Benicia Capitol State Historic Park

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Benicia Capitol State Historic Park
Benicia state capitol exterior.JPG
California State Capitol, 1853-1854
Benicia Capitol State Historic Park is located in California
Benicia Capitol State Historic Park
Location 1st and G Sts., Benicia, California
Coordinates 38°3′1″N 122°9′28″W / 38.05028°N 122.15778°W / 38.05028; -122.15778Coordinates: 38°3′1″N 122°9′28″W / 38.05028°N 122.15778°W / 38.05028; -122.15778
Area 0.5 acres (0.20 ha)
Built 1852
Architectural style Greek Revival-Palladian
Governing body State
NRHP Reference # 71000204[1]
CHISL # 153[2]
Significant dates
Added to NRHP February 12, 1971
Designated CHISL January 11, 1935

Benicia Capitol State Historic Park is a state park in Benicia, California. The park is dedicated to California’s third capital building, where the California State Legislature convened from February 3, 1853 to February 24, 1854. It is the only pre-Sacramento capitol that survives. The park includes the Fischer-Hanlon House, an early Benicia building that was moved to the property and converted into a home in 1858, after the legislature departed. Benicia Capitol State Historic Park just off the city's main street also includes a carriage house, workers' quarters and sculptured gardens.

History[edit]

Following large complaints by state legislators of inadequate furniture and sleeping quarters in Vallejo in early 1853, the Legislature, with the consent of Governor John Bigler, relocated the state capital to nearby Benicia that same year. The Legislature would convene in the Benicia City Hall for a little more than a year, when again complaints over poor weather conditions, inadequate and uncomfortable sleeping quarters, and "the insecure condition of the public archives" arose in January 1854.

After a proposal by Sacramento to use the Sacramento County Courthouse free of charge as a capital building, the Assembly and Senate passed an enabling act, voiding all previous legislation, to move the state capital to its new location upriver in Sacramento. On February 25, 1854, Governor Bigler signed the act into law, moving the capital to its current location. The Legislature and governor climbed aboard the steamship Wilson G. Hunt to take up its new quarters.[3] "So much opposed to the removal were the good people of Benicia," the Sacramento Union reported, "that the owners of the wharves, it is stated, refused to permit the steamer ... to land to take on the legislative furniture, unless she would pay $500." This request was refused and the furniture was shipped from a different wharf.[4]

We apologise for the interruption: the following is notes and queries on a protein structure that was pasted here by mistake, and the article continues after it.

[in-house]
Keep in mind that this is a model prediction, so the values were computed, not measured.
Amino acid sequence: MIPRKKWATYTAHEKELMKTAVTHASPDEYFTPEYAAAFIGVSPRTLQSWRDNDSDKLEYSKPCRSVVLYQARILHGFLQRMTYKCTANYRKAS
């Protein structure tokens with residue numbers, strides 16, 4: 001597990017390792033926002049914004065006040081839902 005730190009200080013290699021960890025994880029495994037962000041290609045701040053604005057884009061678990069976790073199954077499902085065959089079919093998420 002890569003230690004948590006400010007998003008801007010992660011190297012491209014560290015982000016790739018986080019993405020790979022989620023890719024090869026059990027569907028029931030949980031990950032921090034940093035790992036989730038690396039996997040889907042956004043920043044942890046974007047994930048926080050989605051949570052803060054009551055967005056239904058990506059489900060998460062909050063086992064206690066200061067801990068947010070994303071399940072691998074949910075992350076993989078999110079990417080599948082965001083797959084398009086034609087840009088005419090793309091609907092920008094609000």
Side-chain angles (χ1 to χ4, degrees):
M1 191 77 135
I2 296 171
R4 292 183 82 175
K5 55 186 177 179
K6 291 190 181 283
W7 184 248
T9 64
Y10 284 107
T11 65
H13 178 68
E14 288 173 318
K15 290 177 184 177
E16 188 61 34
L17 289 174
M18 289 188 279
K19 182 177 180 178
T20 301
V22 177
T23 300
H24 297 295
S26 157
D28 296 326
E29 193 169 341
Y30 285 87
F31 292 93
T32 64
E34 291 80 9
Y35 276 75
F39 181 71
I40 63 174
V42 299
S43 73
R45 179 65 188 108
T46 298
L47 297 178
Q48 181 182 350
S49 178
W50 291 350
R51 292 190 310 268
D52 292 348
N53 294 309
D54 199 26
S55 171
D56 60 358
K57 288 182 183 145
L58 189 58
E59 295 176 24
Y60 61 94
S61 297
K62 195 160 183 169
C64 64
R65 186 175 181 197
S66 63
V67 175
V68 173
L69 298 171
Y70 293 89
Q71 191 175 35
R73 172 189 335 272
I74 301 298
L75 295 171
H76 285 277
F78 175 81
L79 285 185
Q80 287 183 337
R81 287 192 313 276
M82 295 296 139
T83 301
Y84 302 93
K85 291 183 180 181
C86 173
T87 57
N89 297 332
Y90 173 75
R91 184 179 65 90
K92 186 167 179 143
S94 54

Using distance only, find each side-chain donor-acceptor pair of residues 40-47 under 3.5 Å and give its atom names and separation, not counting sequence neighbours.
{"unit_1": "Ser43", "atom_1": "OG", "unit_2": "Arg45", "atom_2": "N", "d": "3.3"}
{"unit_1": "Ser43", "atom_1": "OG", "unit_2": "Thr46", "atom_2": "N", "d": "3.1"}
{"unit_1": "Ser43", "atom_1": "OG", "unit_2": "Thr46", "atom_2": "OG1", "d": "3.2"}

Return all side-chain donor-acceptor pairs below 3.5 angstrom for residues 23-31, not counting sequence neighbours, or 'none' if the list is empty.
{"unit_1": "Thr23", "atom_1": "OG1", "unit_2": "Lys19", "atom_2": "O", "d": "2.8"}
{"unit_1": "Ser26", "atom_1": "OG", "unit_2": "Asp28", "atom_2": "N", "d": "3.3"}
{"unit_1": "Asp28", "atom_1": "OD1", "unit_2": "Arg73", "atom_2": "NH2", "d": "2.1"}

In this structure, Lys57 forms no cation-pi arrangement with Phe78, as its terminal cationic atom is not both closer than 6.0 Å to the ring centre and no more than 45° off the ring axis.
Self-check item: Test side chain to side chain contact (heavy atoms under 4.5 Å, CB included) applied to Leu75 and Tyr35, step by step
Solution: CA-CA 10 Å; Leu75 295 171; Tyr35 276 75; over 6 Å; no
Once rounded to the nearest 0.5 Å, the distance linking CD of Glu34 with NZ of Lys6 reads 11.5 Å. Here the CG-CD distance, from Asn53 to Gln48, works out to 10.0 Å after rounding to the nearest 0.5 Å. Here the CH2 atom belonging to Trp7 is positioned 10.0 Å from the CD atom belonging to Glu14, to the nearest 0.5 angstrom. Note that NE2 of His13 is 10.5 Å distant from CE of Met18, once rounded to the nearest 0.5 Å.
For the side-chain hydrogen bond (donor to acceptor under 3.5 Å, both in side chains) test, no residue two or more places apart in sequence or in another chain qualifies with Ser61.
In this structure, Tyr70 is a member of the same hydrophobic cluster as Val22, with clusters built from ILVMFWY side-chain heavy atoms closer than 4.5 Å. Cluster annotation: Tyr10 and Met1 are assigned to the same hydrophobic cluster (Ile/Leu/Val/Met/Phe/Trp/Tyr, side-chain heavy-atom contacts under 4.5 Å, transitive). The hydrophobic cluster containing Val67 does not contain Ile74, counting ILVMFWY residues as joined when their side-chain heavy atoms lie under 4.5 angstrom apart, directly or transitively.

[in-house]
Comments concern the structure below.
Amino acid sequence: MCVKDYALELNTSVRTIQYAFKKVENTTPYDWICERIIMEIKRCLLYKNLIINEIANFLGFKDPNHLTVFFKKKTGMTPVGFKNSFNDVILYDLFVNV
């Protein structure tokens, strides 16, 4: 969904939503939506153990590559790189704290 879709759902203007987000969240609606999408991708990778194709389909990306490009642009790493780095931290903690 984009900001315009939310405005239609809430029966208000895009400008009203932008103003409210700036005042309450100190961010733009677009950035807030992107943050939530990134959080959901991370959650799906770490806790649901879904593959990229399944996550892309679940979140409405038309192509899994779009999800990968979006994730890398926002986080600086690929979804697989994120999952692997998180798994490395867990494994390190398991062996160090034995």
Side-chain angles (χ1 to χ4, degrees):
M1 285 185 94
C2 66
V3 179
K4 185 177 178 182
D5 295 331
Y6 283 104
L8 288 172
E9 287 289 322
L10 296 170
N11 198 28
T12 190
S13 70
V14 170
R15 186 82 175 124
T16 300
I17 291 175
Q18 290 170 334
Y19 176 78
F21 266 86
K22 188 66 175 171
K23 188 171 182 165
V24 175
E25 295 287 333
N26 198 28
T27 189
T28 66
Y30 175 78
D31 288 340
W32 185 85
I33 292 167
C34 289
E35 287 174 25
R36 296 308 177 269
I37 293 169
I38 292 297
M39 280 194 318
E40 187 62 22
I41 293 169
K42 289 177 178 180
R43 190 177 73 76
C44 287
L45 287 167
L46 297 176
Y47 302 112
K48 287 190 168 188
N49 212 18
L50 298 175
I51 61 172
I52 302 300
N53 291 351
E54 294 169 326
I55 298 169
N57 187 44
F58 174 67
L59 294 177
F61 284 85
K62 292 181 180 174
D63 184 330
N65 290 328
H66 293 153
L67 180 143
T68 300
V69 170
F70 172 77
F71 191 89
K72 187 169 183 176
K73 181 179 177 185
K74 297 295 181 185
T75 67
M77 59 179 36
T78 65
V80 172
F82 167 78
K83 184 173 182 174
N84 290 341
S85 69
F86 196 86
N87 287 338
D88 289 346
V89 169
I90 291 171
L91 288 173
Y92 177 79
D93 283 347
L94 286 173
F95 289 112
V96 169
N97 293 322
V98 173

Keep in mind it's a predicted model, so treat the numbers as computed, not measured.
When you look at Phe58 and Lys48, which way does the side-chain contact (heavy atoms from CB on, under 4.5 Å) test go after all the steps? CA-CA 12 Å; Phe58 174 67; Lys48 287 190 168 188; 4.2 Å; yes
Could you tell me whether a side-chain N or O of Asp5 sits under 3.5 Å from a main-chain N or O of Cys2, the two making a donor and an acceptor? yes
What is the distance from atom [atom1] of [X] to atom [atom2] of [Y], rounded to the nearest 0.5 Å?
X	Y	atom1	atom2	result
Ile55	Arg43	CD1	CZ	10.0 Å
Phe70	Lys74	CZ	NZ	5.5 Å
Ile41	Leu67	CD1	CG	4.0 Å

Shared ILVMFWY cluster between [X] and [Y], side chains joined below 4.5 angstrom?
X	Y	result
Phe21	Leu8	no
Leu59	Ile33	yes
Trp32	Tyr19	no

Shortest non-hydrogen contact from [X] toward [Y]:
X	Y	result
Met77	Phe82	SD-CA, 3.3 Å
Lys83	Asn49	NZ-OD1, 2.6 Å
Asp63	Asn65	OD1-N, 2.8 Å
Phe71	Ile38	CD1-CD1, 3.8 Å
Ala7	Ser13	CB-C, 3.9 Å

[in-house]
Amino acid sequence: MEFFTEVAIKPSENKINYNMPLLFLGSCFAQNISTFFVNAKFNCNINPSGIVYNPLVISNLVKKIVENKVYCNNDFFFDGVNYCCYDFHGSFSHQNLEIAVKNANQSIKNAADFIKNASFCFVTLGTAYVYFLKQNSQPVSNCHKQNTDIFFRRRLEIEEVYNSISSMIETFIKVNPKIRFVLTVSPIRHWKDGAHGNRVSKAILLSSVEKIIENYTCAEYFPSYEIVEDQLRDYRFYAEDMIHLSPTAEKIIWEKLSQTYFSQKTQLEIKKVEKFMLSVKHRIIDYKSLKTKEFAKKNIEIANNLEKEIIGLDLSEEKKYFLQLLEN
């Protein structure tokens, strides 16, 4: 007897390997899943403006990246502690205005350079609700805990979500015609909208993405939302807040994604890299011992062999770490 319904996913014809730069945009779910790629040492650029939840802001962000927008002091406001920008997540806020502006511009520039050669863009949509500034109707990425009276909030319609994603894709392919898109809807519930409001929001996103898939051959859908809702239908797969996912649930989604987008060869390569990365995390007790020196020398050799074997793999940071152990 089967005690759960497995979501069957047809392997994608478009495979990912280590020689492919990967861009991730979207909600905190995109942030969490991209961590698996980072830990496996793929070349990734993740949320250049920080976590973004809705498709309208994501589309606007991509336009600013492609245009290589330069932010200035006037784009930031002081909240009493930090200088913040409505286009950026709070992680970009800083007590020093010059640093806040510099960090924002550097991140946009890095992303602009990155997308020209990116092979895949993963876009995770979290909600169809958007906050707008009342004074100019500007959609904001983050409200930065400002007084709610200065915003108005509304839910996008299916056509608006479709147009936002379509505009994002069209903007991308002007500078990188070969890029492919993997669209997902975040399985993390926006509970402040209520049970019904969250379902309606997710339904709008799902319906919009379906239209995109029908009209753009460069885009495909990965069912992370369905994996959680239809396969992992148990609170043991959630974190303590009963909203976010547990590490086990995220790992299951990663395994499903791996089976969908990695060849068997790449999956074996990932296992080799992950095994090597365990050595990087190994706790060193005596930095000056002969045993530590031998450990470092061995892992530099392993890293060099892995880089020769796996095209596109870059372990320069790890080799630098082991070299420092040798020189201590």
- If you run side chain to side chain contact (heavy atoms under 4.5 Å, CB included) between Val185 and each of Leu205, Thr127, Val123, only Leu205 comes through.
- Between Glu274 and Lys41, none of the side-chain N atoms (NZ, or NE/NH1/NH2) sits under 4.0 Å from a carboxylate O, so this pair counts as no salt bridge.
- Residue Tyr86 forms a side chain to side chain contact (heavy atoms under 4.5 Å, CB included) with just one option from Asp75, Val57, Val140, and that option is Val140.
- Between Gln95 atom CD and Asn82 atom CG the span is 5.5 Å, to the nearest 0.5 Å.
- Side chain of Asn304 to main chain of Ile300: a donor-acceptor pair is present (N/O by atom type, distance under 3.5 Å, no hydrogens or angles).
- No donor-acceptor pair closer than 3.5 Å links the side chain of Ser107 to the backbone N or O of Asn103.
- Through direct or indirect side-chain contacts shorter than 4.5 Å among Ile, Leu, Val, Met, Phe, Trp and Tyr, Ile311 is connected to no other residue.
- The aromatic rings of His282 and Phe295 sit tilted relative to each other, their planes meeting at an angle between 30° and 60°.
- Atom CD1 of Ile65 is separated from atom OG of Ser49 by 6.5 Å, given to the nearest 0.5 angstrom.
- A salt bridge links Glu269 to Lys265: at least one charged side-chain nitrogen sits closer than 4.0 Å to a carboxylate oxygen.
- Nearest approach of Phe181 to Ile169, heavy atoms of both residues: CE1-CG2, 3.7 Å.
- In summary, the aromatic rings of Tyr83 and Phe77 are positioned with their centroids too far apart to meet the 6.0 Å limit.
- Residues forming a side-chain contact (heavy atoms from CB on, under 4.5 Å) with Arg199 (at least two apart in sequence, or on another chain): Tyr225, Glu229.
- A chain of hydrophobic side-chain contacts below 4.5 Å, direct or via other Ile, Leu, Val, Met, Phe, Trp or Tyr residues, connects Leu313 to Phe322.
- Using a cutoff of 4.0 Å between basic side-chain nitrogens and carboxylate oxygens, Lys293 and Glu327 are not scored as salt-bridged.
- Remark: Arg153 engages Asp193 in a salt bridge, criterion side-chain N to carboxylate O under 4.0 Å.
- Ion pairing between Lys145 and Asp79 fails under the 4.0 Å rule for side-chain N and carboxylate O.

The Greek Revival-Palladian building was listed as a California State Historic Landmark on January 11, 1935. The National Register of Historic Places placed the Benicia capitol on the federal list on February 12, 1971.

Present day[edit]

The original building has been restored with reconstructed period furnishings and exhibits. The interior includes a reconstruction of the building’s original floor with ponderosa pine. The desks, four of which are from the 1850s or earlier, are furnished with a candlestick, a 19th-century newspaper, a quill pen, blotting sand, a spitoon, and a top hat.

Senate chambers at Benicia. Period hats represent the senators of the time

The historic park is located at 115 West G Street in Benicia, a city in the northern San Francisco Bay Area between San Pablo Bay and Suisun Bay.

On February 16, 2000, the California State Legislature met in a symbolic session to celebrate the 150th anniversary of the Legislature's first meeting.

Senate chambers on first floor, Assembly chambers above.

Proposed for closure[edit]

The Benicia Capitol State Historic Park was one of the 48 California state parks proposed for closure in January 2008 by California's Governor Arnold Schwarzenegger as part of a deficit reduction program, since rescinded following public outcry.[5] It also was placed on the Governor's list of two hundred parks to close in Fall of 2009 in response to the ongoing budget crisis and was on Gov. Jerry Brown's 2011 list of 70 proposed state park closures in the (still) continuing budget crises.

Fischer-Hanlon House

See also[edit]

References[edit]

  1. ^ "National Register Information System". National Register of Historic Places. National Park Service. 2009-03-13. 
  2. ^ "Benicia Capitol". Office of Historic Preservation, California State Parks. Retrieved 2012-10-15. 
  3. ^ "Arrival of the State Officers, State Archives, and Members of the State Legislature." Sacramento Union. 1854-03-01.
  4. ^ "First Session of the Legislature at Sacramento -- Benicia." Sacramento Union. 1854-03-02.
  5. ^ CBS5.com: List Of Calif. Parks To Close In Budget Proposal

External links[edit]